Illinois’ Heartland Institute: Mystery vaping illnesses ‘likely linked to Black Markets’
During August 2019, public health officials from multiple states across the nation are reporting a rise in young people being diagnosed with different forms of lung disorders allegedly caused by vaping. CNN picked up the story and ran an on-air report claiming that more than 120 cases had occurred across some 15 states. The U.S. Centers for Disease Control and Prevention (CDC) also issued a press release around the same time announcing an investigation into a total of 153 cases across 16 states.
The news only got worse when news organizations began reporting that the death of an unnamed male patient in Illinois may be the first-ever vaping related death in America’s history. However, no such stories of mysterious lung ailments suddenly sprouting up out of thin air are currently being reported by members of the international press.
As the fear and panic began escalating across social media in America, many vapers began to wonder. If vaping is so bad, should smokers trying to quit simply give up and go back to Big Tobacco products?
Heartland Institute located in same state as ‘death linked to vaping’
The Heartland Institute cautions average citizens reading these horrendous headlines to avoid instantly jumping to unfounded conclusions. According to the organization’s state government relations manager Lindsey Stroud, the “vaping-related hospitalizations are likely linked to illegal, black market vaping products.”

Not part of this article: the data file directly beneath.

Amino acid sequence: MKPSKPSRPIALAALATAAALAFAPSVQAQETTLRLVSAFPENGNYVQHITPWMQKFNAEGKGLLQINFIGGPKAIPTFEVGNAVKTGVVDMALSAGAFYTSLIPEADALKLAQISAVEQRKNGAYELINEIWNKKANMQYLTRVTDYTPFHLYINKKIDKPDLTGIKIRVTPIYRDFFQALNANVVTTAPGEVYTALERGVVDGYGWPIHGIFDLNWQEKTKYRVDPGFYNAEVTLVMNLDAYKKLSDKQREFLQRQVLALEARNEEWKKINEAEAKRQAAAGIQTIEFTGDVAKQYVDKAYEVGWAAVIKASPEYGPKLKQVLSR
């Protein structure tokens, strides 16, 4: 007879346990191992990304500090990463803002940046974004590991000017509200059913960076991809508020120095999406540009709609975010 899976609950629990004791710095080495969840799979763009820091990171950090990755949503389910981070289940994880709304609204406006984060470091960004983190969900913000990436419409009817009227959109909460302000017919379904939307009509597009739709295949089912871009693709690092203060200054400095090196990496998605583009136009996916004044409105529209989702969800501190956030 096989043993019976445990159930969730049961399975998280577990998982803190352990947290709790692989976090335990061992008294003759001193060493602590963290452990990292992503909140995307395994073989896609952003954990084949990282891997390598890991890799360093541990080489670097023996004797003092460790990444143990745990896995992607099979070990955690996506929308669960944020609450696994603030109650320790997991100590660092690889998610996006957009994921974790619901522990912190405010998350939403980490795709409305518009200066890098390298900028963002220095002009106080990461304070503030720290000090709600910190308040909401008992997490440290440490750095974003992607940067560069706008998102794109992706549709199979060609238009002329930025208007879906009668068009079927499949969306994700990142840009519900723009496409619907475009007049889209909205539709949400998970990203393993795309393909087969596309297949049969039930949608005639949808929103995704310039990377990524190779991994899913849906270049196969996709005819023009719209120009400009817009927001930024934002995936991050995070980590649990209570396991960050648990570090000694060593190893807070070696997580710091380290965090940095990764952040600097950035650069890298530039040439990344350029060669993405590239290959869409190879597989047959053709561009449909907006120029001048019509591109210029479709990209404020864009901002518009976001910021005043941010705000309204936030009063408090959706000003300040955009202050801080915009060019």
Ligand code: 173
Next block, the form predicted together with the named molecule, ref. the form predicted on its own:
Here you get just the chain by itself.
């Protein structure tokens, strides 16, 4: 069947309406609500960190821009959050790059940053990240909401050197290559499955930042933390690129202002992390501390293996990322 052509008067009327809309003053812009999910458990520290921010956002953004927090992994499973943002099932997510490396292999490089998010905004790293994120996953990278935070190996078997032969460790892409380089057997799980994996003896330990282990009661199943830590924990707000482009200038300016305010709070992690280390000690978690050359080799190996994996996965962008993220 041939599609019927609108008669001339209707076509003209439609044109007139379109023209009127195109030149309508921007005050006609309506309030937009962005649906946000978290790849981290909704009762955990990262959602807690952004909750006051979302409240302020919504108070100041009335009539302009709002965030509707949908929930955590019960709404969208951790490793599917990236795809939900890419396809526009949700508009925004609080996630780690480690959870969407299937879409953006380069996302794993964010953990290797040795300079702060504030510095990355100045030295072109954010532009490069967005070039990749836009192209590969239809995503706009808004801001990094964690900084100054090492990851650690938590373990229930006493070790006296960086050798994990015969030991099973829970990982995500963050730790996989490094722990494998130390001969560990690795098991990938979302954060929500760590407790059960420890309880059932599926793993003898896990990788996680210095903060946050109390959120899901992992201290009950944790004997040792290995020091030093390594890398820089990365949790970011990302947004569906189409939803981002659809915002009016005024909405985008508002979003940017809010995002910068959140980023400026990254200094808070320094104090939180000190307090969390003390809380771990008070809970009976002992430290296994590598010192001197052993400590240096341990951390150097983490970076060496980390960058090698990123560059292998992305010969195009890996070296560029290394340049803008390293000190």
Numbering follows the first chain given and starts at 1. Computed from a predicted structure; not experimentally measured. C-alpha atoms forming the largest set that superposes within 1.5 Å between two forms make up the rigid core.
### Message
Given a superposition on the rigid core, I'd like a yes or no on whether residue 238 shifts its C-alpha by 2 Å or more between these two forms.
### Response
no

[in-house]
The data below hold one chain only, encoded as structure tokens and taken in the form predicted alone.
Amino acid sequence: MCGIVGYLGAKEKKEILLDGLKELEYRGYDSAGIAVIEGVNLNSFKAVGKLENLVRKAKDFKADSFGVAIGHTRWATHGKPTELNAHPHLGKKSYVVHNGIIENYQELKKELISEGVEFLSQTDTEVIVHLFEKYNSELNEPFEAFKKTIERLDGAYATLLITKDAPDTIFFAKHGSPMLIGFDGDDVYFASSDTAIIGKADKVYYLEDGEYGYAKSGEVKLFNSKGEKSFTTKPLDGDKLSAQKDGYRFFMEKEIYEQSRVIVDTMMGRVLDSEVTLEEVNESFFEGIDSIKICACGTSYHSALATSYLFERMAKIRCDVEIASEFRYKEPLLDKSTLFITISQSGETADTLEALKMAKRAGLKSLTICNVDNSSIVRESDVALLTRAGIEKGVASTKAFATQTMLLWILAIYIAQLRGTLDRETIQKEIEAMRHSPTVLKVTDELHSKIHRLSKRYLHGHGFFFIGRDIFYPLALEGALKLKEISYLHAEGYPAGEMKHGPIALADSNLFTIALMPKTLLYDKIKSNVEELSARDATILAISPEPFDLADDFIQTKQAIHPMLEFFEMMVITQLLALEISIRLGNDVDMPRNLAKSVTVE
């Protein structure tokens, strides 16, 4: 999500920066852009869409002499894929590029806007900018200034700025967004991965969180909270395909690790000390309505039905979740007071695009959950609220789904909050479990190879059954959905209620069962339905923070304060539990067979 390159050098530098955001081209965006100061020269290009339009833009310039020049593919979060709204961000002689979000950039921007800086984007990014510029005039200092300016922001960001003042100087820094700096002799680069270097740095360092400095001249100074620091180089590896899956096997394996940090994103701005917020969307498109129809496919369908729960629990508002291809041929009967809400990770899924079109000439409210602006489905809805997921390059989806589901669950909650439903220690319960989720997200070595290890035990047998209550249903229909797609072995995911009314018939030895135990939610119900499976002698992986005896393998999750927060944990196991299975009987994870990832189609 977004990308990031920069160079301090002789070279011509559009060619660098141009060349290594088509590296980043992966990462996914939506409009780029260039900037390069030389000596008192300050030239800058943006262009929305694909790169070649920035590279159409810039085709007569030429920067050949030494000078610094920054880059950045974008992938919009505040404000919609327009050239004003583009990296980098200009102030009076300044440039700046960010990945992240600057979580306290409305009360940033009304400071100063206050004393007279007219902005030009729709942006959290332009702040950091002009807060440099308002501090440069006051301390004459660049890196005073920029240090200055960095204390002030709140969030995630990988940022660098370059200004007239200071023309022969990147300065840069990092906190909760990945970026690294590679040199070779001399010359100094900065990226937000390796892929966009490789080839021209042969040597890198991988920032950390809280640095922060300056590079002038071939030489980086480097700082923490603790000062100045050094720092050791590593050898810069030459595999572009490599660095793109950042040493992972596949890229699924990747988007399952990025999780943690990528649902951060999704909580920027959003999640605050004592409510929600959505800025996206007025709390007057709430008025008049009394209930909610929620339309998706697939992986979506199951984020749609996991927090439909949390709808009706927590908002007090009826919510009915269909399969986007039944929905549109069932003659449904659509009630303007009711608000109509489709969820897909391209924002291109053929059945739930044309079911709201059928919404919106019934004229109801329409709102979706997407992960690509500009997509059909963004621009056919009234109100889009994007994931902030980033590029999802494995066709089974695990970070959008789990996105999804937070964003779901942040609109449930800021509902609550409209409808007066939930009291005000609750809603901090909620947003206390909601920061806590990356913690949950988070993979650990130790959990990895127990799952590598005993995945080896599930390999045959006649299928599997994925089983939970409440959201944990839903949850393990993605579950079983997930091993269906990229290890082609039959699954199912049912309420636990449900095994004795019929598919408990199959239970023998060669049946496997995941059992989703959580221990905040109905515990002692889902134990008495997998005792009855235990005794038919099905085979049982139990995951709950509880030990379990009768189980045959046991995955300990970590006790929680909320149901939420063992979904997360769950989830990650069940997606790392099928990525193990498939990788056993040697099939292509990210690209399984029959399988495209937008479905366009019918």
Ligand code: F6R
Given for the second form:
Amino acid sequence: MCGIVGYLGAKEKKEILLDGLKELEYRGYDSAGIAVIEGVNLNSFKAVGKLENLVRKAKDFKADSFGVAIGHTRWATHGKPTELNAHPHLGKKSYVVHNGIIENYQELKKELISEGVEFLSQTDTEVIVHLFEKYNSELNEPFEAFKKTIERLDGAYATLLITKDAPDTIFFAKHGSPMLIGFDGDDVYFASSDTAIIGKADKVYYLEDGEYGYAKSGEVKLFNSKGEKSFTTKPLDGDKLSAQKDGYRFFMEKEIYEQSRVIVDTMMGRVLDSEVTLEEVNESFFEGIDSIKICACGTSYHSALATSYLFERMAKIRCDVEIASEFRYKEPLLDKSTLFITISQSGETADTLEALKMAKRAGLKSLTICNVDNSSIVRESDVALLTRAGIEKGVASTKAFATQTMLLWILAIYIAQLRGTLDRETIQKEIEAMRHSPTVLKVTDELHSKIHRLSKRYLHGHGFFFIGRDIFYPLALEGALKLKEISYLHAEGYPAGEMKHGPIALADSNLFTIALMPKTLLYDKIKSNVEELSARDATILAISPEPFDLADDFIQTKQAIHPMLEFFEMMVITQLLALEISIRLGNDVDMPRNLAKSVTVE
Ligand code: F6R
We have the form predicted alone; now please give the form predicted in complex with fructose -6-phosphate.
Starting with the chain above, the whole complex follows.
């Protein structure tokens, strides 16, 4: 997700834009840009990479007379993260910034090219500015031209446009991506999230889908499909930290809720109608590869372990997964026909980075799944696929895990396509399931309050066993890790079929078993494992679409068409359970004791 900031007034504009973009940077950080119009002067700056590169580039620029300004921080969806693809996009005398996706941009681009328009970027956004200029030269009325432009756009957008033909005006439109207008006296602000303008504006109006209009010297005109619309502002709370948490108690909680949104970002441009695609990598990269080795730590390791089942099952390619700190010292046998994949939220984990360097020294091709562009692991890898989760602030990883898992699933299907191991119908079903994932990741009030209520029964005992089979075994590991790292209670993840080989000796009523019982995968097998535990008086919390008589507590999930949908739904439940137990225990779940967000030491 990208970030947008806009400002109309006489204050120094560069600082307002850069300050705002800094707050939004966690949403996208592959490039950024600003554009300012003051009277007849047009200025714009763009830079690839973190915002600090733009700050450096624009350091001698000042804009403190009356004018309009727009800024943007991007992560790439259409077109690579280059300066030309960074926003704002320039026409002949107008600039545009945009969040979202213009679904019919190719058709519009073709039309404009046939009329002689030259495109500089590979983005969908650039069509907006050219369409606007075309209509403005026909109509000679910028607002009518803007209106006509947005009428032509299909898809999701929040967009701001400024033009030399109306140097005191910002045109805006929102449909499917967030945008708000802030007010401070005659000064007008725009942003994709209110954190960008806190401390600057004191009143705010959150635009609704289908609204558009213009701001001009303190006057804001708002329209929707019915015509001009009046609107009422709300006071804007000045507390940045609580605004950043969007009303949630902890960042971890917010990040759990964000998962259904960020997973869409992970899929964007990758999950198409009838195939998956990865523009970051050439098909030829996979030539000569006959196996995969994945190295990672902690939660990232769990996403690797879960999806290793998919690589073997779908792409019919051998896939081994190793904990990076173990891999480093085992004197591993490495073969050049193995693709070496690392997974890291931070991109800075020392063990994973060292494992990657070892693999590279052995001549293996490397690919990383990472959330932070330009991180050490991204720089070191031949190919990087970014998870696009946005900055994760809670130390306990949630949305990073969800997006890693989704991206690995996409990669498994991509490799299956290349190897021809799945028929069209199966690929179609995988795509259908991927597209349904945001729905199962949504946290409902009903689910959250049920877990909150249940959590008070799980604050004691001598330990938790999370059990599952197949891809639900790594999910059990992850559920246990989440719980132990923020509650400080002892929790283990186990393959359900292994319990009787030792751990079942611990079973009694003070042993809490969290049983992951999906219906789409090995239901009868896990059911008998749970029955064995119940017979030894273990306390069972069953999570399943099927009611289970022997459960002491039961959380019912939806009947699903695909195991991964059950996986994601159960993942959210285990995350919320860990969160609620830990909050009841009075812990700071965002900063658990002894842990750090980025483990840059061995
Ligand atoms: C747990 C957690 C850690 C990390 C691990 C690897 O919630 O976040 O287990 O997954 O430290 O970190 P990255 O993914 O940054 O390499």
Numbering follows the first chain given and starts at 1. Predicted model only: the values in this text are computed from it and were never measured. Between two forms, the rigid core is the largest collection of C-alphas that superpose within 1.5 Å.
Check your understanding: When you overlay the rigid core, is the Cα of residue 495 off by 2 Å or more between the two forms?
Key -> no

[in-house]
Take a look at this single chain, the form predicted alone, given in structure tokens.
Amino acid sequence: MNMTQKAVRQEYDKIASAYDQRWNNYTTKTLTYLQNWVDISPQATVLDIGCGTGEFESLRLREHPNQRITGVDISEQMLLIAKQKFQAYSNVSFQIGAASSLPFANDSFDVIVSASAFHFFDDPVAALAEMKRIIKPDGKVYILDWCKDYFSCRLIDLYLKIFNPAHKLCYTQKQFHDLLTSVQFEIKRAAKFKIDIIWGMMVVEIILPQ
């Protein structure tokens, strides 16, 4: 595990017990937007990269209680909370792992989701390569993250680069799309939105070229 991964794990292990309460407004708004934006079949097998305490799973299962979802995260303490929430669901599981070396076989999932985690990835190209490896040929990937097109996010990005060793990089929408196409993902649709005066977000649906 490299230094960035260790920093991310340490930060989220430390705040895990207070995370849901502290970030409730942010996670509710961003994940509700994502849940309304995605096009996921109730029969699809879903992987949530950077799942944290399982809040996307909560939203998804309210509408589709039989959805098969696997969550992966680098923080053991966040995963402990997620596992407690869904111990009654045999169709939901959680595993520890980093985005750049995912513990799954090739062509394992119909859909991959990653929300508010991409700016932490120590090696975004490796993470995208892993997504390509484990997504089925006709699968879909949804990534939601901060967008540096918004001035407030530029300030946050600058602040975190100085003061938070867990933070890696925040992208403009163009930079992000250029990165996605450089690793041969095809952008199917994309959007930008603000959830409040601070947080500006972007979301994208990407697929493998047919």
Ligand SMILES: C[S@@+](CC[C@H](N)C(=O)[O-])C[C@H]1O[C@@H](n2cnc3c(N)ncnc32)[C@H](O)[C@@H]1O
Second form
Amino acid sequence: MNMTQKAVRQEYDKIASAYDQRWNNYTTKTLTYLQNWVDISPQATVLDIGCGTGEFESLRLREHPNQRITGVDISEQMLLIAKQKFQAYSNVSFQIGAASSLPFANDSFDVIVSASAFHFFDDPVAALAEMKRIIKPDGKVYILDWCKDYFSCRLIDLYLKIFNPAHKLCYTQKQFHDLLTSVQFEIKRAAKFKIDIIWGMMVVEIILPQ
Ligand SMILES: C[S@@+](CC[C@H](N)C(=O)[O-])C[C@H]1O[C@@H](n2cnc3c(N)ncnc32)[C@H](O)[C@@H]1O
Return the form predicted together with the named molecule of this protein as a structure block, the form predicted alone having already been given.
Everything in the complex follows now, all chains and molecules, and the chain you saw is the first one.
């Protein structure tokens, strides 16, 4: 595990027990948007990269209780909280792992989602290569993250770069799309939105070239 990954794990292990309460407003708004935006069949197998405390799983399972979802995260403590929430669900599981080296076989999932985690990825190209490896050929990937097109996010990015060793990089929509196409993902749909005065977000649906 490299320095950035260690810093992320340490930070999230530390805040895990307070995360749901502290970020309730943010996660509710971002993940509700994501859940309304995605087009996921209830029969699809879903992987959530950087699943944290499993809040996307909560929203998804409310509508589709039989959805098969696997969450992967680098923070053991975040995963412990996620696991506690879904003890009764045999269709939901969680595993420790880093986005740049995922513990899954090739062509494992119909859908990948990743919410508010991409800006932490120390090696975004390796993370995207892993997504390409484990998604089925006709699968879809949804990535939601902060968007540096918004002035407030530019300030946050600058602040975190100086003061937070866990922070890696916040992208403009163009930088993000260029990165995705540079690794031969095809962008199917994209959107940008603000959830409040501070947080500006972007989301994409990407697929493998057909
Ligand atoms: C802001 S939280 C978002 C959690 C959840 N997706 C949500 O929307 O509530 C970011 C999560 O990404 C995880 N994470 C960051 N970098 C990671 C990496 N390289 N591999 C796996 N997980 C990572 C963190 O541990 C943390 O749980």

“Although young Americans are being hospitalized after using so-called vaping devices, they are actually using black market products that are not regulated and contain countless unknown chemicals. Indeed, none of the health departments have identified a single legal, regulated vaping product that could be causing adverse health effects. However, Wisconsin DHS did note the likely substances causing the hospitalizations include “nicotine, [tetrahydrocannabinol] THC, synthetic cannabinoids, or a combination” of these illicit substances.”
Ms. Stroud also discusses other previous occurrences of teenagers being hospitalized for vaping illegal or restricted substances – substances other than conventional e-liquids manufactured under strict industry standards. In January 2019, three teens in the neighboring state of Indiana were hospitalized after using “THC vape pens that were laced with an unknown substance.” Also that same month, another six youngsters from New Mexico won a trip to the hospital “after vaping marijuana wax.” According to Ms. Stroud, Black Market cannabis products are essentially running rampant among the youth culture worldwide.
“The black market for THC-related vaping products is thriving, which makes it difficult for regulators to address. For example, anyone can buy empty boxes of a popular marijuana vape brand on Amazon and eBay. Further, empty cartridges, which can be filled with any illicit substance, are widely available. YouTube even offers video tutorials on how to make THC oil that can be used in a vaping device.”
What many average Americans do not know is that the e-liquids used in vapor products are already highly regulated by the U.S. Food and Drug Administration. Even though confusion still exists over the moving target of a deadline for the Pre-Market Tobacco Application (PMTA) process, vape juice manufacturers have been required to submit ingredients listings to the FDA since November 8 of last year. The FDA knows what’s in these e-juices, and it’s very unlikely that the vapor products contributed in any way to this weird surge in alleged lung disorders.
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